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A test that checks for abnormal amounts of DNA in IVF embryos has raised pregnancy rates at US fertility clinics that have started to offer the procedure.
Scientists in Oxford who helped develop the test claim it can boost the chances of an IVF pregnancy by 10 percentage points, leading to success rates of about 75% in 35-year-old women.
The test does not improve the quality of IVF embryos created at fertility clinics, but gives doctors a new way to identify the healthiest and most likely to produce a pregnancy.
Many IVF clinics already offer a procedure called pre-implantation genetic screening, or PGS, which is used to spot embryos that have the wrong number of chromosomes, the structures that carry the human genetic material.
Chromosome abnormalities are the single greatest cause of embryos failing to implant or miscarrying. But even with PGS, which costs from £2000 to £3000 in Britain, about a third of embryos do not go on to produce a successful pregnancy.
Researchers at the NIHR Oxford Biomedical Research Centre and genetics laboratory Reprogenetics in the US, noticed that many of the embryos that failed to implant after PGS had abnormally high levels of DNA from structures called mitochondria. Healthy cells often carry hundreds of mitochondria to provide them with energy.
“Based on our findings we have devised a test whereby a small number of cells, carefully removed from an embryo, can be measured for the amount of mitochondrial DNA present,” said Elpida Fragouli, who led the research at Reprogenetics. “This will help guide doctors to the IVF embryos with the greatest chance of producing a viable pregnancy.”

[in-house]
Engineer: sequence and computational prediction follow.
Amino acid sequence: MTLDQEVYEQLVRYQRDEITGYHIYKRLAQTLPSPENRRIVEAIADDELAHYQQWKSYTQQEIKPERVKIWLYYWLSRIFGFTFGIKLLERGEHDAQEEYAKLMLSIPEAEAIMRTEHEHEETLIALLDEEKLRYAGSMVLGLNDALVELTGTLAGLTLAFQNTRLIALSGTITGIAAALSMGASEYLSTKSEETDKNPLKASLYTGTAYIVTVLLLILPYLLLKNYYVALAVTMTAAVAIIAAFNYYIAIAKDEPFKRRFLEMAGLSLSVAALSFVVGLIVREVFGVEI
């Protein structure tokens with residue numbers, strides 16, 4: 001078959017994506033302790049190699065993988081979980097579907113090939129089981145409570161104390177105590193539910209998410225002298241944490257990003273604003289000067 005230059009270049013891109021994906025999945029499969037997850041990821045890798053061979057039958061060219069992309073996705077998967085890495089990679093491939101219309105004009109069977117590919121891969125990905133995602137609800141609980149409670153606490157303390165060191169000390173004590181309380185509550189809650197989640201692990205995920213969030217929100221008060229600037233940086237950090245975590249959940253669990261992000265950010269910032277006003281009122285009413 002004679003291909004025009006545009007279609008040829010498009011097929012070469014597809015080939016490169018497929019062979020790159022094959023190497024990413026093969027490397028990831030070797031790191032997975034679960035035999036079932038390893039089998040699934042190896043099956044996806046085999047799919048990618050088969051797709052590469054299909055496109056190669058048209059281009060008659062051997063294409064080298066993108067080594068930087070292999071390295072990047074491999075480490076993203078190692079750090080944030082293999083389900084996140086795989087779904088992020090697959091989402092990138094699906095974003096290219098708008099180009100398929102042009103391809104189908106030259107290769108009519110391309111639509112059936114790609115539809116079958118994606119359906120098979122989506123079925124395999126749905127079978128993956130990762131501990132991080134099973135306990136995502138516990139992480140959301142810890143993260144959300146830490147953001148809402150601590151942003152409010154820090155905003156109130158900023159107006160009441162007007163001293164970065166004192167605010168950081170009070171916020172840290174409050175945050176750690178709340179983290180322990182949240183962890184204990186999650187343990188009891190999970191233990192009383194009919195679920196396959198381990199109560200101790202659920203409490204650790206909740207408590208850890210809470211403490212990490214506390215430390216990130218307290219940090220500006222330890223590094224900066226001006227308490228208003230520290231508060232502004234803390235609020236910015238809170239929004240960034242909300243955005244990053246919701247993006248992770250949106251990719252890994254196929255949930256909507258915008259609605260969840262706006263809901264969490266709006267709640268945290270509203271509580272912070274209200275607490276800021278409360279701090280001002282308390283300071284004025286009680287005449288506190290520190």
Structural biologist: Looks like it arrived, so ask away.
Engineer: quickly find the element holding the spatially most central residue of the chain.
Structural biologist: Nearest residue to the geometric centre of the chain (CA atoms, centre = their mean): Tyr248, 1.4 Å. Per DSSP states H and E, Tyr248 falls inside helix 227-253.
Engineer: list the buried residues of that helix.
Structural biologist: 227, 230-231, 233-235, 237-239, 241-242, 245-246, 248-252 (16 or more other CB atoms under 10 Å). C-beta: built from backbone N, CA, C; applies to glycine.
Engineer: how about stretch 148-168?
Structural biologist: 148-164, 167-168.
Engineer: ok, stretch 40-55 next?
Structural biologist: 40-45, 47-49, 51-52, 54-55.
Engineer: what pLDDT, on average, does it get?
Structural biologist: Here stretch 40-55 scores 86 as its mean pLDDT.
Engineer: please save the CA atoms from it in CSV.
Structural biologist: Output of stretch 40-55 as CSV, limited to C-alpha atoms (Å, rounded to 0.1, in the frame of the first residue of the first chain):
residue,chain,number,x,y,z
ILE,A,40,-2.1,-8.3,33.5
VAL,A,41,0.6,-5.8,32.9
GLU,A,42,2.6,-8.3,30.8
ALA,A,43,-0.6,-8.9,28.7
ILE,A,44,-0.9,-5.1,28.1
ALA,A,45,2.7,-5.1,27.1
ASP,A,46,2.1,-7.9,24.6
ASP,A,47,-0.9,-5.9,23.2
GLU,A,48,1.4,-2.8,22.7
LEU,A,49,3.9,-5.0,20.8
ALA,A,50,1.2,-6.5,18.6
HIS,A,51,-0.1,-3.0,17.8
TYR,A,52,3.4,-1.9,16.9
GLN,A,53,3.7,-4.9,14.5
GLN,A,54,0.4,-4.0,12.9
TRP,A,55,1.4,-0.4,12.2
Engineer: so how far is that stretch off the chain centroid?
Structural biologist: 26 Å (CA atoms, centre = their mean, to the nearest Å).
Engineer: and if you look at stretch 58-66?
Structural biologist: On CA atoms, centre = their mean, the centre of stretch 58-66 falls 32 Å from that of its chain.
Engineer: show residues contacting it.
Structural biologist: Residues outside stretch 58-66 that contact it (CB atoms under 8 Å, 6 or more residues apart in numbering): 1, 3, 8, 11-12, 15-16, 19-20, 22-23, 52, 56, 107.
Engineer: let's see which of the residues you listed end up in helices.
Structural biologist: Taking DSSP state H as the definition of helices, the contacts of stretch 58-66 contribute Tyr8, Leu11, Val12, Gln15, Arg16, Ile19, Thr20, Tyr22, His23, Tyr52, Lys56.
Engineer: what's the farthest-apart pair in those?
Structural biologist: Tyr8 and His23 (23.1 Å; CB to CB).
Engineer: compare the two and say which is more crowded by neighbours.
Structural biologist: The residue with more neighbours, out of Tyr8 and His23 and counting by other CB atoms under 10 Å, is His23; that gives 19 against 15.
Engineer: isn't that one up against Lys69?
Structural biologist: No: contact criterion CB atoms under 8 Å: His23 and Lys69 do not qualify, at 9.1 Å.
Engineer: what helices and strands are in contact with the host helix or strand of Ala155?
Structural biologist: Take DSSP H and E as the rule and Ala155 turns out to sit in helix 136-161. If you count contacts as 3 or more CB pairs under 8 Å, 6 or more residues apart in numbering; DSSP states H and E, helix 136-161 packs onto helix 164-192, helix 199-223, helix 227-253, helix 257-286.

Several clinics in the US, including the New York University Fertility Center, have already begun to offer the test, called MitoGrade. Data from the first 100 couples suggest the test boosts pregnancy rates from about 65% to 75%, according to a presentation to be given at the American Society for Reproductive Medicine annual meeting in Baltimore on Tuesday.
“Anything that reduces the number of unsuccessful embryo transfers that patients have to endure will certainly be welcome. This important discovery indicates that mitochondria represent an important piece in the complex jigsaw puzzle that is infertility,” said Dagan Wells, who leads the UK arm of the project.
Scientists are not sure why some embryos experience a sudden rise in mitochondrial DNA, or how this affects their ability to implant. One possibility is that defective embryos make more mitochondria to give them enough energy to survive, but ultimately fail and stop growing.
“These tests don’t make the embryos any better than they were in the beginning. There will still be patients out there, and many of them, who don’t produce any viable embryos at all. So it’s not going to guarantee future pregnancy rates to every patient overnight, but it will help,” Wells said.
The research team is in the process of applying to the UK fertility regulator, the Human Fertilisation and Embryology Authority, for a licence to offer the procedure in Britain. Should they gain approval, the test could be offered in addition to PGS for an extra £200 from next year.
“There is a lot of interest in mitochondrial activity within eggs and developing embryos and this study presents a fascinating insight into the potential relationship between mitochondrial activity in genetically normal embryos and their potential for developing into a viable pregnancy,” said Adam Balen, consultant in reproductive medicine at Leeds Teaching Hospitals NHS Trust and chair of The British Fertility Society.
“It is still early days and the proposed test requires much more work and validation before application into clinical practice. There is no doubt this is a very important line of research and Dr Wells and his team are to be congratulated for what they have achieved to date.”